When a doctor speaks, people pay attention. The title of being a physician lends credibility to what people say to the general public. That’s why it is so important that these doctors don’t spread misinformation. — Dr. Humayun Chaudhry, president of the Federation of State Medical Boards
When a doctor speaks, people pay attention. The title of being a physician lends credibility to what people say to the general public. That’s why it is so important that these doctors don’t spread misinformation. — Dr. Humayun Chaudhry, president of the Federation of State Medical Boards
Calls Grow to Discipline Doctors Spreading Virus Misinformation
A tiny number of doctors have had an outsize influence in spreading false information about Covid-19 and vaccines.

Even as many doctors fight to save the lives of people sick with Covid-19, a tiny number of their medical peers have had an outsize influence at propelling false and misleading information about the virus and vaccines.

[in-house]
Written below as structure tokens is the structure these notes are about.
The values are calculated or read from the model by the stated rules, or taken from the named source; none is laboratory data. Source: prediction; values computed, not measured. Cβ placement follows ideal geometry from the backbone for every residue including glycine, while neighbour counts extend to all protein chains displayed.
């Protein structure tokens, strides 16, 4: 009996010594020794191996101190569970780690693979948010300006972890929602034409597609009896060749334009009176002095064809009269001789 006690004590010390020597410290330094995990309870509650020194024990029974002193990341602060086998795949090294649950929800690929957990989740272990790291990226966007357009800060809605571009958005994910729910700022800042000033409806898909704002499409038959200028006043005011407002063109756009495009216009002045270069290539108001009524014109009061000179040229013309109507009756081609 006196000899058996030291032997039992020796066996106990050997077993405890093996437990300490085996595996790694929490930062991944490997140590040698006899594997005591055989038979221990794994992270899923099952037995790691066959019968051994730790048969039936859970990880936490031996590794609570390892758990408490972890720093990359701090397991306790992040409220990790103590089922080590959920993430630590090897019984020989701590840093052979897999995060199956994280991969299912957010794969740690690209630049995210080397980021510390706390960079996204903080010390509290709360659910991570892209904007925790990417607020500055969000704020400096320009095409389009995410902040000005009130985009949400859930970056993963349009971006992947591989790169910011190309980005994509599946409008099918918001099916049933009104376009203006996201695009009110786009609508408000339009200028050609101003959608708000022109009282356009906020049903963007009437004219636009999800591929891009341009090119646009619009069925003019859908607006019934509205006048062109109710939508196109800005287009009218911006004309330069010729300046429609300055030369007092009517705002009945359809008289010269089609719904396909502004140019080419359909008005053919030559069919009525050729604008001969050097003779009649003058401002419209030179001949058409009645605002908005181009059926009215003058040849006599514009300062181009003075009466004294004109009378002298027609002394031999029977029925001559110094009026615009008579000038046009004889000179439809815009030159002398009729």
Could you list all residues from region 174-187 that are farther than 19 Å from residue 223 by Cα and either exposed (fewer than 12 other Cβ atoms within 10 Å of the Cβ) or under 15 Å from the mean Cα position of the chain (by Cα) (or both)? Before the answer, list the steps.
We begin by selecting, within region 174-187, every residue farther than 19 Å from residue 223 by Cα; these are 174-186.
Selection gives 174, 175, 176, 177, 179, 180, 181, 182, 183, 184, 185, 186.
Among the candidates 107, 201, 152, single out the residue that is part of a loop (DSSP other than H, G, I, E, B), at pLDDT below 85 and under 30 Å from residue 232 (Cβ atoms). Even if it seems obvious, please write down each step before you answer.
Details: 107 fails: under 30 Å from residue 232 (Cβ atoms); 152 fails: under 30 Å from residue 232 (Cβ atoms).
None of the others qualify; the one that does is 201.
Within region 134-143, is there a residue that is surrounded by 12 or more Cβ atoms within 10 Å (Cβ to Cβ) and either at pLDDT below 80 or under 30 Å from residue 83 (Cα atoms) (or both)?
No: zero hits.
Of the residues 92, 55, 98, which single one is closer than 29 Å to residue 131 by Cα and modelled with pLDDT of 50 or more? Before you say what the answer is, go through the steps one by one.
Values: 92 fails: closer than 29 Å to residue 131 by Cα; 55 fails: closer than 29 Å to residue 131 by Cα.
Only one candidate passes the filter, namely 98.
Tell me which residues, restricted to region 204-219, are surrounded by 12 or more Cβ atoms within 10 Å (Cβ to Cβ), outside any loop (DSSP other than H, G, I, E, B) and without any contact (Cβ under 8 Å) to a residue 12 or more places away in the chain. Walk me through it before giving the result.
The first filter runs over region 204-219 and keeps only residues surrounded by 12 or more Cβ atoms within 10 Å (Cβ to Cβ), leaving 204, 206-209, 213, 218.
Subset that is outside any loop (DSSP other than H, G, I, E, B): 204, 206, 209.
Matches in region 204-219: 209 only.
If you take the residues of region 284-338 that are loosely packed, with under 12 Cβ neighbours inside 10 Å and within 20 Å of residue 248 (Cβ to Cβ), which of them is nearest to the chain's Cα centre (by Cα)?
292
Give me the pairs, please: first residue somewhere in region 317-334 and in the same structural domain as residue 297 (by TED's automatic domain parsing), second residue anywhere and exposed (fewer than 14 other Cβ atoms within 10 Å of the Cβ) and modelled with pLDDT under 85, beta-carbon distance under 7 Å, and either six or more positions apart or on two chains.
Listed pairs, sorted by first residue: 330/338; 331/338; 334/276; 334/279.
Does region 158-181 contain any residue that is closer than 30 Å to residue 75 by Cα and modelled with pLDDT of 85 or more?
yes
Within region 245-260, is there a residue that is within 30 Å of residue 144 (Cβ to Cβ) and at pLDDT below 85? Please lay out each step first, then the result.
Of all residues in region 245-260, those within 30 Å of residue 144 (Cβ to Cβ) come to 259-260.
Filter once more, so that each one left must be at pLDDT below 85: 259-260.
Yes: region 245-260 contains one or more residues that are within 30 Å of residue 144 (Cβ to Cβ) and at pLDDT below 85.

Now there is a growing call among medical groups to discipline physicians spreading incorrect information. The Federation of State Medical Boards, which represents the groups that license and discipline doctors, recommended last month that states consider action against doctors who share false medical claims, including suspending or revoking medical licenses. The American Medical Association says spreading misinformation violates the code of ethics that licensed doctors agree to follow.

“When a doctor speaks, people pay attention,” said Dr. Humayun Chaudhry, president of the Federation of State Medical Boards. “The title of being a physician lends credibility to what people say to the general public. That’s why it is so important that these doctors don’t spread misinformation.”


But Dr. Chaudhry said it was impossible to know how many states had opened investigations into doctors spreading misinformation. Such investigations are typically not publicized until a decision is reached, and the process can take many months.
Read the full article: https://www.nytimes.com/2021/08/27/technology/doctors-virus-misinformation.html